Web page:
Immigration & SB 1070
Pearce bill would target Arizona 'anchor babies'
Under potential law, children born in U.S. to illegal immigrants wouldn't be citizens
Sen. Russell Pearce, who authored Arizona's controversial new immigration law, now wants to deny citizenship to so-called "anchor babies."
Citizenship is granted to children born in the U.S. – even to illegal immigrants, according to the Constitution. But Pearce told Time Magazine that the 14th Amendment has been "hijacked" by illegal immigrants.
"They use it as a wedge," he said. "This is an orchestrated effort by them to come here and have children to gain access to the great welfare state we've created."
Oklahoma Republican Randy Terrill is working on a similar bill for his state.
"Currently, if you have a child born to two alien parents, that person is believed to be a U.S. citizen," Terrill told NPR. "When taken to its logical extreme, that would produce the absurd result that children of invading armies would be considered citizens of the U.S."
A similar bill is working its way through Congress. Several European countries do not grant birthright citizenship, but about 30 countries do.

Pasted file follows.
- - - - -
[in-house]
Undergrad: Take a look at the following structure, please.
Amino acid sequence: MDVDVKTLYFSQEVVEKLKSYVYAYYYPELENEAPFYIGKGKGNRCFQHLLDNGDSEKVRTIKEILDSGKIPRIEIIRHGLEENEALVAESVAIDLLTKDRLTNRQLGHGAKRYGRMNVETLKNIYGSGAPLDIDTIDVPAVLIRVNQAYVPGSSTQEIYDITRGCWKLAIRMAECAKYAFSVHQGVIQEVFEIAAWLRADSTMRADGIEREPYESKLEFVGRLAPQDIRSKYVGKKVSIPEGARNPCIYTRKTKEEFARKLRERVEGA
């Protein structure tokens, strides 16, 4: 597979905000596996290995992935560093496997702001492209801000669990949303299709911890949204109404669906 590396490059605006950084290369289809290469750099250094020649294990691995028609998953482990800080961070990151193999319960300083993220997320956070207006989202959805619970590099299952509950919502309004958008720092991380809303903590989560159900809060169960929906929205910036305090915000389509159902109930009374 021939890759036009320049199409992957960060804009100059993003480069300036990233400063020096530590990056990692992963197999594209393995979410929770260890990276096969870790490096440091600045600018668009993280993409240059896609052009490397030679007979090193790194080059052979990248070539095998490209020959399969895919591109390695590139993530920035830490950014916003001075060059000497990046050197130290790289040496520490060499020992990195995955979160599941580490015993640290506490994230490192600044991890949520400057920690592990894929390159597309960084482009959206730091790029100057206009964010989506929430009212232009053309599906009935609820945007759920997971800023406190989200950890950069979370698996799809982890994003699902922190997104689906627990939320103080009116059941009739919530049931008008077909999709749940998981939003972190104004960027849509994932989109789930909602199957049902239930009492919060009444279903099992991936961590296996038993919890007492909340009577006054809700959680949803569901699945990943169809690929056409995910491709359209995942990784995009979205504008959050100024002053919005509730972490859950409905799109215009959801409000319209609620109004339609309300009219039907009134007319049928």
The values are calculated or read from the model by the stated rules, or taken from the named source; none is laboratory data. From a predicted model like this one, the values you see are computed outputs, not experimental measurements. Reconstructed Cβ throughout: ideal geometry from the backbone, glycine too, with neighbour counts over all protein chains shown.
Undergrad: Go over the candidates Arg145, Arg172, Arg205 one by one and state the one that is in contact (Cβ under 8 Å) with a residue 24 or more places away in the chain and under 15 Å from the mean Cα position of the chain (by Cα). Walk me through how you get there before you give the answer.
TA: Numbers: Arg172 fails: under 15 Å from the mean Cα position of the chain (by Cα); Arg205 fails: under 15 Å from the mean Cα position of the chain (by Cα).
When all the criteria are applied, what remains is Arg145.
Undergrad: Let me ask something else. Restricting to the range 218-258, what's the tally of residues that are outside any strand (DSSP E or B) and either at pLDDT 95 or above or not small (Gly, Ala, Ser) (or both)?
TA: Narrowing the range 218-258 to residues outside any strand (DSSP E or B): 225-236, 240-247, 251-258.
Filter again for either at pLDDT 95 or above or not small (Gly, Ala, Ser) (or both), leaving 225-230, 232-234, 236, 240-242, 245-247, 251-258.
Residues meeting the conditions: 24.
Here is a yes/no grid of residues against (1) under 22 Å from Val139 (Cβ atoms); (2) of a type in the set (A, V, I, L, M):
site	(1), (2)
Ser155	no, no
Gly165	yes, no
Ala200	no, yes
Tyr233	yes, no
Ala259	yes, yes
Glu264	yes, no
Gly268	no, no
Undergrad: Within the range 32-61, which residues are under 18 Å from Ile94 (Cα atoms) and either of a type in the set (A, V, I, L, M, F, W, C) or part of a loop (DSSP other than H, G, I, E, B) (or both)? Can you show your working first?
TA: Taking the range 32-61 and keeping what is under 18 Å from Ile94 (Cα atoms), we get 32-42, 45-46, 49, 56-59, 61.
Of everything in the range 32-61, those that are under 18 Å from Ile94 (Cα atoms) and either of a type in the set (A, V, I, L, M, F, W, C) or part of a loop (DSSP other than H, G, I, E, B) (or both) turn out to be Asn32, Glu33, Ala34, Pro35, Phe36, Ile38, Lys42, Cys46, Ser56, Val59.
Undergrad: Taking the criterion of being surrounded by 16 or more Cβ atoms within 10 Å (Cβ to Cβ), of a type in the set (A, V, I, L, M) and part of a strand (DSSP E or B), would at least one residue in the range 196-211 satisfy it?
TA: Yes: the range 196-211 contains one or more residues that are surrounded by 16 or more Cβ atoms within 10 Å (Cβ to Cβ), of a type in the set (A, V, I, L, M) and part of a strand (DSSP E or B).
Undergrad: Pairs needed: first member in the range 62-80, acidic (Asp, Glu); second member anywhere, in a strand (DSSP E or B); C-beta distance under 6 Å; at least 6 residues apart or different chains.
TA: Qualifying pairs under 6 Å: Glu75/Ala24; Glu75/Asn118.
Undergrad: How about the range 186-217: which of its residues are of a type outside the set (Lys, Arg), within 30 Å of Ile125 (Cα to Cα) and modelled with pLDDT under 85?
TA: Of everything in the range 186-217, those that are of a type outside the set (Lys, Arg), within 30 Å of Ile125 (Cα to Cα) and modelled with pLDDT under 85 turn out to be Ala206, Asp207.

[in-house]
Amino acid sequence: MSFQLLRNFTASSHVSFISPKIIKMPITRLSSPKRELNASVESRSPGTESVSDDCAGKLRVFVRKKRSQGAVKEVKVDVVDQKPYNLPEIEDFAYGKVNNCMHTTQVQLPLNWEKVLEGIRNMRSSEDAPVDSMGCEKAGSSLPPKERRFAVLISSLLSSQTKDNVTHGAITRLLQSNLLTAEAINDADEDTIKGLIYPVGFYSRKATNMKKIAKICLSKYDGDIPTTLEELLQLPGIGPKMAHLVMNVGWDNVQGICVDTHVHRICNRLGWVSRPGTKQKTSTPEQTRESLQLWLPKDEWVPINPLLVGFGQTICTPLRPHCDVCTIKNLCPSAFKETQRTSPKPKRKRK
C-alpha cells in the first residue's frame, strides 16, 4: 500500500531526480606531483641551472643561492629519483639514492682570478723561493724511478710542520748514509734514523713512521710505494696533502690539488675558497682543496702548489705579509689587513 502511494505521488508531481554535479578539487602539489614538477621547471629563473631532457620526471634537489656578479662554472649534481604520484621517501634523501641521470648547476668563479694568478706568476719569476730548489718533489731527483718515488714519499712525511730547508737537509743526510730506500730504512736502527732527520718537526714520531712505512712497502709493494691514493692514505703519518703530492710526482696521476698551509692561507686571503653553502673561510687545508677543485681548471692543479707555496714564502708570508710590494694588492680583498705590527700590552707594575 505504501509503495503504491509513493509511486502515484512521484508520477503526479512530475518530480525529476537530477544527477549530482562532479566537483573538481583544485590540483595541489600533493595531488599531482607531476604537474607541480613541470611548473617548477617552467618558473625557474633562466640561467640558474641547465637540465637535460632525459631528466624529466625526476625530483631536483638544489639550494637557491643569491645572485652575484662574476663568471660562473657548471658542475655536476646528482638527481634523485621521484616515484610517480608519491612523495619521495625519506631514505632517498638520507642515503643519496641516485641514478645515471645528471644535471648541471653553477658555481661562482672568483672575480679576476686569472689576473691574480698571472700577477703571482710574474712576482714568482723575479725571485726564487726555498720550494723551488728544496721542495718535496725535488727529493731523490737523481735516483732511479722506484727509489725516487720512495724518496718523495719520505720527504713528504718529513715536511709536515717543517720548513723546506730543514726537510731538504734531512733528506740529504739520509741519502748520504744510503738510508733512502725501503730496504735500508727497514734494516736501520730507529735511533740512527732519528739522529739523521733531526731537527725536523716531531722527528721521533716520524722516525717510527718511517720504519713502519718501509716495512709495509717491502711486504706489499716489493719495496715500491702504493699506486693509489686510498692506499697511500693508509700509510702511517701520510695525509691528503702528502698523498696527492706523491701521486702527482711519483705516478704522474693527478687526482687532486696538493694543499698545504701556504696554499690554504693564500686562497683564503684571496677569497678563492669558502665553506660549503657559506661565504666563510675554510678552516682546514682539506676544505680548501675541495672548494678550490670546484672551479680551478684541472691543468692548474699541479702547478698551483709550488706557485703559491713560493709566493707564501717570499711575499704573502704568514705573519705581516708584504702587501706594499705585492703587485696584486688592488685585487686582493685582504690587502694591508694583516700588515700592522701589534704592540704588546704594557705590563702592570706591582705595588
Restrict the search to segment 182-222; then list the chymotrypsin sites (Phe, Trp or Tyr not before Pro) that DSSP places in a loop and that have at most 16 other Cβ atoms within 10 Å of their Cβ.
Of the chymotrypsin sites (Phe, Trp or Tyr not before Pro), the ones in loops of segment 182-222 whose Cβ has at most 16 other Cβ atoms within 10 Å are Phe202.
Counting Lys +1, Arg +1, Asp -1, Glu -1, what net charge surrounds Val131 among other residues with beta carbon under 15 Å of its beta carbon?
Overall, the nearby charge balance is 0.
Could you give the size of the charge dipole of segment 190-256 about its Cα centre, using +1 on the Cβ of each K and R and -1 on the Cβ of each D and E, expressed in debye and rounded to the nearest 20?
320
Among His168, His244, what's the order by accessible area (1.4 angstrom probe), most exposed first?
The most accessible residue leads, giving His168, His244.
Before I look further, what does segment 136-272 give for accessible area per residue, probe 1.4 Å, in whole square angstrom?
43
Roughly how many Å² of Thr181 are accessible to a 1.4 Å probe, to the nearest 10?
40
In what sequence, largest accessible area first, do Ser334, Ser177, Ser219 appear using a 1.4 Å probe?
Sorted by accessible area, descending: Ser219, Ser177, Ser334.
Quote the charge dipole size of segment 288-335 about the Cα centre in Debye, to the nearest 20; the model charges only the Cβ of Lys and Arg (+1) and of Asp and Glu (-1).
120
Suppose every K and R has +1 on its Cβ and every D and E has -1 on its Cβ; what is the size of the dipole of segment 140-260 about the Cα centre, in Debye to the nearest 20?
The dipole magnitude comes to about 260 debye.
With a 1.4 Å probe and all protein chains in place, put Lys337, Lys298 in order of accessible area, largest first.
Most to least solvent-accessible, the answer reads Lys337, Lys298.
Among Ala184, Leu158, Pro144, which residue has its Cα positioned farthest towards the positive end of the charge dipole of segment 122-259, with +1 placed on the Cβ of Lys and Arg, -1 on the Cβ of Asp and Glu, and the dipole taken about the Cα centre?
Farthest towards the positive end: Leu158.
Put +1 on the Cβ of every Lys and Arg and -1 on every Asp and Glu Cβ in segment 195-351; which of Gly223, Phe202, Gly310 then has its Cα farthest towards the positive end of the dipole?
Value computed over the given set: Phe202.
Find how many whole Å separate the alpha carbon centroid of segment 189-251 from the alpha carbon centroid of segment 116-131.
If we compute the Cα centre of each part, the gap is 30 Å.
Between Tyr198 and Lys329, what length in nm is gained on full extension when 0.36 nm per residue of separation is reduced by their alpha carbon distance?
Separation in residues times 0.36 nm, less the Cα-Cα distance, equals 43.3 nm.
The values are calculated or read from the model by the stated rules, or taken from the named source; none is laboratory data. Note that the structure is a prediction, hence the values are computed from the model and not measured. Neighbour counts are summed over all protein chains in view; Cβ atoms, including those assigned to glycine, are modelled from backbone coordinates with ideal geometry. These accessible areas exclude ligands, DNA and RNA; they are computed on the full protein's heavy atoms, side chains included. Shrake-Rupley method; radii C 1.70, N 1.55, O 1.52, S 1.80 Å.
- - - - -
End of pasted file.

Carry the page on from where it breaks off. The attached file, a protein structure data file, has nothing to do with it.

"Many countries do not grant birthright citizenship because they have older histories and see themselves as individual nations with individual identities," John Skrentny, director of the Center for Comparative Immigration Studies and sociology professor at the University of California at San Diego, explained to ABC. "Whereas the United States, like many other countries in the Western Hemisphere, began as, and has always seen itself as, a melting pot," he says.
Pearce said the new law will not conflict with the Constitution.
"Citizenship has always been privilege extended only on conditions established by the sovereign . . . not the mere happenstance of location of birth or residence," he wrote on his website.
“We will write it right,” he told Time.